The Zeitgeist Movement…
Specifically, Carol suggested I watch the clip below. It is quite long, but makes for rather interesting watching.
I had not heard of this movement before, so spent some time researching what I could about what they are about, their core beliefs and campaigning aims. At first I was pretty suspicious to be honest- there is something about their website that made me instantly uncomfortable- it is a little too slick, too shiny.
TZM is another one of these internet generation organisations that grows not along the lines of corporations that are led and controlled from the centre, but rather grows virally by a network of connections, and a set of common evolving principles. It has vague, fuzzy edges, and slightly non specific goals. Rather than ‘leaders’ who are appointed and recognised, there appear to be some key voices, but the structure is deliberately local.
This is a familiar organisational structure to me- as it reminds me very much of the ‘Emerging church’ movement. Such organisations are always difficult to get your head around from the outside- as they appear to lack structure and substance. There is more about these kinds of organisations here.
But back to the specifics of what BenMcLeish had to say above-
I liked much of what he had to say- particularly his analysis/critique of the state of our current economic/political/environmental situation, which I find myself largely in agreement with. I might also echo some of his concerns about religion- although unlike him, I remain a believer.
I think the importance of a strong critical voice against the excess and over consumption of our wider culture is vital. I have been wondering for a while where this will come from, and where we might see examples of people living lives that are different- people that break from the flock and show a better way to live. I have been excited by these possibilities all my life, and so wherever I see these things being talked about, I am interested.
Unlike what Ben had to say above however, I have seen most of this kind of thing within faith based organisations. Sure, there are a lot of people within our churches and mosques and synagogues who are as sheep like as the rest of society, but there are also many whose beliefs lead them to aspire to something more. Within my own faith, I would point to the New Monastic movement, towards which my own little community makes a slight nod.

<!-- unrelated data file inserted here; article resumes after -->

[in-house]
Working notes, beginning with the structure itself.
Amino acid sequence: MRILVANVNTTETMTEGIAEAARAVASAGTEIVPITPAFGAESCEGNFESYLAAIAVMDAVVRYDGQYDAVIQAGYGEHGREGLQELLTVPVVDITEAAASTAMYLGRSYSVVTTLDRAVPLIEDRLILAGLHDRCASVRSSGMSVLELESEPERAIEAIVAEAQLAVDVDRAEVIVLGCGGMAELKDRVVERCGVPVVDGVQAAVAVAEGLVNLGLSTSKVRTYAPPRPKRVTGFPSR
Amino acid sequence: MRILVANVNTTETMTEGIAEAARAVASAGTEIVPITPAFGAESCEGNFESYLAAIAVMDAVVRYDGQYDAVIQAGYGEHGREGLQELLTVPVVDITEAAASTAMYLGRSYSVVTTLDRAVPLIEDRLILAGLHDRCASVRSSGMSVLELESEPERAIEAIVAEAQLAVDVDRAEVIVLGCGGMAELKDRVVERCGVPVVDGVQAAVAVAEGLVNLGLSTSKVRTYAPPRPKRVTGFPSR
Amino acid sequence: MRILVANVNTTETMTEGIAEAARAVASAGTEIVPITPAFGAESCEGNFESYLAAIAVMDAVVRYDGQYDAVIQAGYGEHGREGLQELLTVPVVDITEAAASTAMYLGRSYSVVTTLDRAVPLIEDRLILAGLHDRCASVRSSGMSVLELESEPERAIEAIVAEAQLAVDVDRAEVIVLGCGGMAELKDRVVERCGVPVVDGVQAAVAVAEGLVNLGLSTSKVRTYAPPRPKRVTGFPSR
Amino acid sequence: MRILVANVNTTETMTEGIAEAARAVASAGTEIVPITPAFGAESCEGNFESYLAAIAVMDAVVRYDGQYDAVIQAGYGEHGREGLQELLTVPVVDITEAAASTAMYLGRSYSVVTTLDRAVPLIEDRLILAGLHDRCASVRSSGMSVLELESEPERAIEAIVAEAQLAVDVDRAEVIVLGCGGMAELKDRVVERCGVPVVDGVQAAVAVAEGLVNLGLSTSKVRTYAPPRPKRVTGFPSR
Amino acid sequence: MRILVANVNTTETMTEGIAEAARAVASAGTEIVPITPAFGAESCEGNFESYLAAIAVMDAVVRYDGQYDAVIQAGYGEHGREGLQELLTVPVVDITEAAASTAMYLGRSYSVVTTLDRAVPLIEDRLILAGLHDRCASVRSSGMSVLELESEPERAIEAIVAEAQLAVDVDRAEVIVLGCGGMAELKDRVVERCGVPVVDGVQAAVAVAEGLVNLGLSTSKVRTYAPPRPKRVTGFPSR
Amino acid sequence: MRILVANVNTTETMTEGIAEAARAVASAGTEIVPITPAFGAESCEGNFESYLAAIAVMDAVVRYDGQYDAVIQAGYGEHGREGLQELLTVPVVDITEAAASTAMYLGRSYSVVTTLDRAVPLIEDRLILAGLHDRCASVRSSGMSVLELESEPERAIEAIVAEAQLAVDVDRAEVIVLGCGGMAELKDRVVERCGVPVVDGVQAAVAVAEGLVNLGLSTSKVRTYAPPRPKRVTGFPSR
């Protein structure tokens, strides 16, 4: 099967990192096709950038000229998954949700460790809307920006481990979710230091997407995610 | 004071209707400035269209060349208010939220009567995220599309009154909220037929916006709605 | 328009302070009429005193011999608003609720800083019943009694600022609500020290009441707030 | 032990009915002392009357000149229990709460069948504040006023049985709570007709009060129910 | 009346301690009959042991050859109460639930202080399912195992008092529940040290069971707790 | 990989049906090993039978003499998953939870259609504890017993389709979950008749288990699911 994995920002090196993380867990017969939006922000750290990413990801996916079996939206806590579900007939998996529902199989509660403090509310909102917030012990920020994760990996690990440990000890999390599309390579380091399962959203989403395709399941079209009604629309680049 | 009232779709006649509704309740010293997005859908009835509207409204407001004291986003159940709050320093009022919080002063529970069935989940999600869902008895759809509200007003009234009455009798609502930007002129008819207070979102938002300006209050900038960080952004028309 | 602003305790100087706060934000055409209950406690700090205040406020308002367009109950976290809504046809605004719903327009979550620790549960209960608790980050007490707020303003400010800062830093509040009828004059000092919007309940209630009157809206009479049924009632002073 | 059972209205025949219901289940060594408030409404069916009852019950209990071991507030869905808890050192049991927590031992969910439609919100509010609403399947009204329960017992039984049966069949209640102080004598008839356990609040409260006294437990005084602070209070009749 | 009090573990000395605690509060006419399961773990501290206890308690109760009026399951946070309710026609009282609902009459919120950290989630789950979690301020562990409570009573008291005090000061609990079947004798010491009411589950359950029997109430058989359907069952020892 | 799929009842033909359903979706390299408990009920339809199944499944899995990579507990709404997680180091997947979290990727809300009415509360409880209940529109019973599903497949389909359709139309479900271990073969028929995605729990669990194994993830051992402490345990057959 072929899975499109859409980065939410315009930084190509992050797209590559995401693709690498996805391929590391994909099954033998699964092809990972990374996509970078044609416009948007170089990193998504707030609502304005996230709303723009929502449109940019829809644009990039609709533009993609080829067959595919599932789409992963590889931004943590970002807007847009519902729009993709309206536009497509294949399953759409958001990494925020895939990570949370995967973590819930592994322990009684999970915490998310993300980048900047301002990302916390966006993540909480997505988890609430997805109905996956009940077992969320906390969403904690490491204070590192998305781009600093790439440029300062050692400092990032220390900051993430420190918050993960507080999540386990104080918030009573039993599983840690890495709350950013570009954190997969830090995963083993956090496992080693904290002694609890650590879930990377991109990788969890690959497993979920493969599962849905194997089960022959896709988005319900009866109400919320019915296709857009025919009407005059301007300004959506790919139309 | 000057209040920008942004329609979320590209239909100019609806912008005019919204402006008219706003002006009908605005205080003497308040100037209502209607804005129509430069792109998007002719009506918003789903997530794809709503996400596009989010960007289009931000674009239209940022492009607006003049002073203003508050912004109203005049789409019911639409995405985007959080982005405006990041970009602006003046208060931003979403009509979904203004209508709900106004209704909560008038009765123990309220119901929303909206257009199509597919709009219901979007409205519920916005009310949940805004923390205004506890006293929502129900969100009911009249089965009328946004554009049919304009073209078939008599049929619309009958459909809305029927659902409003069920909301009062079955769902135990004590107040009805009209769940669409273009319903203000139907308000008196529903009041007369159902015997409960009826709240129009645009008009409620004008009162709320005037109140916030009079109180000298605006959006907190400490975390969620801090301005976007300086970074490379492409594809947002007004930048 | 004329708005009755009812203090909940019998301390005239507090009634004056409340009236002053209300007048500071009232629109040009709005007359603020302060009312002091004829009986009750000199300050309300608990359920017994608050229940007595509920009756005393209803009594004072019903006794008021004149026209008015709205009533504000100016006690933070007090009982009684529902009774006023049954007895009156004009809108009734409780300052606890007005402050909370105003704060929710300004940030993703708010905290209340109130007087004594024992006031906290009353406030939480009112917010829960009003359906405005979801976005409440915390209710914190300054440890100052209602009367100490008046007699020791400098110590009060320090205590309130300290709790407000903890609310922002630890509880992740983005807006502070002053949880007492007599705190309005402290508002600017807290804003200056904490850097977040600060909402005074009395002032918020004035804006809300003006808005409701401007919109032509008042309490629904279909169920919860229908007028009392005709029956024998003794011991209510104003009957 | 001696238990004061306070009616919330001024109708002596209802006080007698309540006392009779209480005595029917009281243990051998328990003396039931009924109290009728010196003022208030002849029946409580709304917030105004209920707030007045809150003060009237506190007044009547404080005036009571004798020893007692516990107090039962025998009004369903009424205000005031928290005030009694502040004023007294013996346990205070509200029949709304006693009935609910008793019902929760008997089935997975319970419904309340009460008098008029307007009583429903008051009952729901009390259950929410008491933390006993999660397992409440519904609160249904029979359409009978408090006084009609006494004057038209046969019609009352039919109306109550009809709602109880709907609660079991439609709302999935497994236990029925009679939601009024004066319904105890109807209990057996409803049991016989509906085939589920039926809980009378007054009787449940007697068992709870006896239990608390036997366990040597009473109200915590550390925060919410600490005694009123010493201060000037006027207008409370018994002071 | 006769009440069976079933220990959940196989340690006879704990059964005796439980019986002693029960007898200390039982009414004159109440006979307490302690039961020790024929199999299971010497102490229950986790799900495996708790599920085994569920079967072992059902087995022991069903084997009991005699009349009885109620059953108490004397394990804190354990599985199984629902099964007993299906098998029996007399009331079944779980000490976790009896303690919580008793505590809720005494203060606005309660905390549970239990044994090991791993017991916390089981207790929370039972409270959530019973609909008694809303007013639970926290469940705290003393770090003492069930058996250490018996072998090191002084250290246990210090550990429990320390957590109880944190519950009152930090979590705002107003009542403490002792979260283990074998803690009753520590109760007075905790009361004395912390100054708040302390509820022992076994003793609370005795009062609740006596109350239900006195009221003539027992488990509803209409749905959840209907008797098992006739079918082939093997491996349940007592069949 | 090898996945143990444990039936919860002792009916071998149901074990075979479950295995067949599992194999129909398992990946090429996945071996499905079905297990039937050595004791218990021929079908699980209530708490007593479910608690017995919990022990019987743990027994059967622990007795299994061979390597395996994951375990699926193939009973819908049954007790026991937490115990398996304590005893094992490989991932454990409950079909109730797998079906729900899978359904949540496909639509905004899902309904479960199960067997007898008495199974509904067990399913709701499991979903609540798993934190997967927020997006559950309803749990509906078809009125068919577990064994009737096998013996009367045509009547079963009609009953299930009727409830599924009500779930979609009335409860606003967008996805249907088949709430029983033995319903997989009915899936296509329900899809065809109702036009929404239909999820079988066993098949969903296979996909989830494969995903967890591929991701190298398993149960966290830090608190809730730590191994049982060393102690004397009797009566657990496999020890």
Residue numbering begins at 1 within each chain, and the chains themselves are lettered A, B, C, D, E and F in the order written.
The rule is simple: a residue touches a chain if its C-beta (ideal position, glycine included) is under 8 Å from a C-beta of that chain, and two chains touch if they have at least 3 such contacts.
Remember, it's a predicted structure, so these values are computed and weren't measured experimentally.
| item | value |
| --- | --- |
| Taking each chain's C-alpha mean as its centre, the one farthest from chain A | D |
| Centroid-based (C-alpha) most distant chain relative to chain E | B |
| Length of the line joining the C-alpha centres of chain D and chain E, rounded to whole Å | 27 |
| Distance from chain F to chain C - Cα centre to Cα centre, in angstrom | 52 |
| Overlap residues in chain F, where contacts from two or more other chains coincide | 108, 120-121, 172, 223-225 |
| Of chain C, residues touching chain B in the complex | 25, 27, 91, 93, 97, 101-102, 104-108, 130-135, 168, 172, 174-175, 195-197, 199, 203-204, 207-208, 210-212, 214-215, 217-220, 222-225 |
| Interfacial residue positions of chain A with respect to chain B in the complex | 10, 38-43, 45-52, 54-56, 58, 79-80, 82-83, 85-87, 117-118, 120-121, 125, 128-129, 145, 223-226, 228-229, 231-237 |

CS Lewis used to talk about Communism being a ‘Christian heresy’- in the sense that the impulse towards good things was in many ways Jesus-like. I think you could perhaps say the same about TZM. I have described previously my belief that the job of Christians is to watch out for wherever there is truth and beauty, then to seek to shine light on it, and to salt it to bring out the flavours. On this basis alone, I intend to keep an eye on TZM.
Which makes what is happening in front of St Paul’s Cathedral all the more interesting. The grand old Church of England have got themselves in a bit of a cafuddle- they want to be ‘nice’ to the young activists, but can’t quite deal with the mess of it all.
Having said all that- TZM seems to espouse some macro economic and political solutions to our current woes- these I find myself less inspired or convinced by. A futurist perspective like this, with grand predictions of the fragmentation of the current mechanisms of state and society, seems to me to be highly speculative. The grand idea of a money-less society, with resources allocated according to need (and administrated by think tank and committee) just seems to be rather fanciful on a national scale.
But not necessarily so on a local small community scale. This is where my interests lie. Ben speaks at the end about what individuals and families might do to look at their own patterns of consumption and life choices- a list of things that are very familiar to the aspirations of my faith community.
Does this organisation offer a real alternatives to our Capitalist consumer economy? Not yet. What it does do however, is to push back- to offer a visible critical analysis of what we are.